On safeguarding marriage  

Posted by Denis Haack in , , , ,

The February 2011 Harper’s Magazine noted two facts that on their face seem contradictory, but on reflection make a great deal of sense. On the one hand, there is a 1 in 2 chance “that an unmarried American under thirty says marriage is ‘becoming obsolete.’” That is hardly a new finding—I’ve heard the identical thing from young adults for years—but it is worth noting. On the other hand, Harper’s notes of those respondents, “Chances that he or she wants to get married: 19 in 20.” This too is not new information, but important if we are to understand our neighbors.

I am a Trinitarian, which means I believe that relationship is part of the very fabric of reality, essential to what is really real. We were made for community, for relationship because we are made in the image of the one God, who is Father, Son and Holy Spirit. This means God did not have to create to have a relationship, since he is in relationship from all eternity. So, as his image bearers, no matter how much we idealize individualism we yearn for community, and we cannot stop that yearning. And even when those relationships have proven disappointing and have painfully fragmented we yearn for them because to be alone is not, as God has noted, “not good,” and that is something that resonates deep within our souls.

I often hear that as a Christian I must rally behind political efforts in defense of marriage in order to guarantee that society defines marriage only as the union of one man and one woman. I hear that if this is not done marriage itself will decline in significance for the next generation.

This is something that begs to be discussed as an exercise in discernment. So, to do that, I will assume a position opposing this proposition with five points—and invite your comments.

My first point is that I’ll need a better reason to get involved in this political effort because the decline of marriage’s significance is old news. It’s already happened. And the idea that passing some law or amending the Constitution will halt that decline seems to me to be highly doubtful at best.

I would add, second, that I suspect passing some law or amending the Constitution will have a distinct effect, namely, it will bring the gospel into disrepute. The effort will be seen, not as a stand for truth or for something that is natural to human flourishing, but merely as a power play by Christians to impose their preferences and values on everyone, including those who do not share their beliefs.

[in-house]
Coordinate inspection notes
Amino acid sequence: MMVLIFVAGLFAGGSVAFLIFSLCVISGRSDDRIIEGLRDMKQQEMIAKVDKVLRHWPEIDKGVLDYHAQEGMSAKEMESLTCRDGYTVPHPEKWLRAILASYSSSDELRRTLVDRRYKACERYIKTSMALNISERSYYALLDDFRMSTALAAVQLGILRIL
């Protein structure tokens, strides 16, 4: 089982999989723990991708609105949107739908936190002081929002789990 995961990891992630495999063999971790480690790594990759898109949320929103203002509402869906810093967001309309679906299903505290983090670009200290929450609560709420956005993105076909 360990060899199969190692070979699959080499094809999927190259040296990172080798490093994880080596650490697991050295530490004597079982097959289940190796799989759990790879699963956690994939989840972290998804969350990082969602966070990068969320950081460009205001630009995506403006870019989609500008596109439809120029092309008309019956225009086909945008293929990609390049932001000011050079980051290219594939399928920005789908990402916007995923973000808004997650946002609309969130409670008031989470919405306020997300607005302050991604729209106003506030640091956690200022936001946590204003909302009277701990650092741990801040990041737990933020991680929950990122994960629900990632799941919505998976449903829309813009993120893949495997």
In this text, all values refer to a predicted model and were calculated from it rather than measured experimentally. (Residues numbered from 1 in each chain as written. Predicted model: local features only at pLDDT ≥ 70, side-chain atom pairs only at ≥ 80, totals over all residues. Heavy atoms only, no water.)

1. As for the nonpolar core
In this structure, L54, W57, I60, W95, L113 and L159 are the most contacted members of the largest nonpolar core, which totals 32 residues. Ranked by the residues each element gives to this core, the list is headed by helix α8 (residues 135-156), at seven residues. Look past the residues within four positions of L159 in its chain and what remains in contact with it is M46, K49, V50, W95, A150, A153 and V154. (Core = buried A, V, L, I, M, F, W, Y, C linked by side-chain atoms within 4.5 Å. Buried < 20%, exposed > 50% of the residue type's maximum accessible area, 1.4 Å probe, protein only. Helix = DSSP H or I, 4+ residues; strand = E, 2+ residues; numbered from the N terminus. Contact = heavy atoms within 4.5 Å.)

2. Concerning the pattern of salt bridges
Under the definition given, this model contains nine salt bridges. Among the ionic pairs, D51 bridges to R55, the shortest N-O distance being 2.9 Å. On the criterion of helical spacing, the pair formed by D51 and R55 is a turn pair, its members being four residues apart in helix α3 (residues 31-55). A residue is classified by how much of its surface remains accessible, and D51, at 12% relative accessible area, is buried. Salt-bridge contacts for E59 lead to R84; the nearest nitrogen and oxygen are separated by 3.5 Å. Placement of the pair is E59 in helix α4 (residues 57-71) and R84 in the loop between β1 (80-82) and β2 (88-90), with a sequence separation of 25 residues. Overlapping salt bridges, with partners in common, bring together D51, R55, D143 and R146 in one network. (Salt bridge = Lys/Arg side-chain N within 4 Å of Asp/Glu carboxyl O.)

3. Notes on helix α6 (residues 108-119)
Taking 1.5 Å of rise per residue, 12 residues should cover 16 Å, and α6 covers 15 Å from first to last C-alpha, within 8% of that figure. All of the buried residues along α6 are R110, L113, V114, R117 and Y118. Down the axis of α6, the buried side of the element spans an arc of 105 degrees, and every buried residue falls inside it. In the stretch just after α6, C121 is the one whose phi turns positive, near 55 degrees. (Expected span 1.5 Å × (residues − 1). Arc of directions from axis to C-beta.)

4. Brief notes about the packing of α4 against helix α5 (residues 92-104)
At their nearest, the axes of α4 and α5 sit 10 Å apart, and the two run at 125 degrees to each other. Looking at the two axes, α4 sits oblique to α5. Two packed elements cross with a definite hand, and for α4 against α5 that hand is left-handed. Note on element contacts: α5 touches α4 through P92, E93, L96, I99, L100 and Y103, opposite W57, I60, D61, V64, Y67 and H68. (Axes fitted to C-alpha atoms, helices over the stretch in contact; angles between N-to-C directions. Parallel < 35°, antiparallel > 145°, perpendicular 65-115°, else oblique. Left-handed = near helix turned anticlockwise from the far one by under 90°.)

Third, when I need the proper definition of marriage I will turn to Scripture and the church, not the State. I understand the historical sequence of events that led to the present moment so that church leaders (pastors and presbyters) are agents of the State when officiating at wedding ceremonies. Things have changed since that unfolded, however, and now we find ourselves living in a pluralistic society where a number of different definitions are applied to what is considered a true “marriage.” In such a setting, fighting in the public square for a biblical definition of marriage to be the law of the land seems to me to be an unwise choice. We would be better served, it seems to me, to quietly insist that it is the church not the State that is the proper authority to define marriage and to act accordingly. And this might require us to refuse to act as agents in officiating at weddings, insisting instead the State recognize legally those the church declares married. The traditional Christian ceremony of marriage begins with an affirmation: “The bond and covenant of marriage was established by God in creation, and our Lord Jesus Christ adorned this manner of life by his presence and first miracle at a wedding in Cana of Galilee.” The State, in this understanding, is entirely secondary. If the State happens to agree with Scripture and the church, fine and good, but if not, so what?

Four. I would challenge the notion that mistaken definitions of marriage by the State will weaken the institution of marriage. Have we perhaps been seduced by modernity to think too highly of the State? History shows that opposition by the State strengthens the church and we have no reason to believe it will be different this time. Yes, it is true that many in society whose morality is reduced to what is legal will be so affected—but their problem, from a Christian perspective is not primarily a mistaken understanding of marriage but the fact they have made the State into an idol.

And finally, I would argue we should concentrate on modeling loving relationships between husbands and wives before a watching world. Our goal should be to so strengthen Christian marriages that secularists and other non-Christians, yearning for healthy unions in a broken world, look around for models to follow and are shocked to discover it is Christians—who would have imagined that!—who lead the way. This would require much grace and much effort, since sadly, this is not at present the case. If by grace we begin to be such a model, we need to be certain that when they come to ask us about it, they will hear about the gospel of grace, not techniques for successful relationships.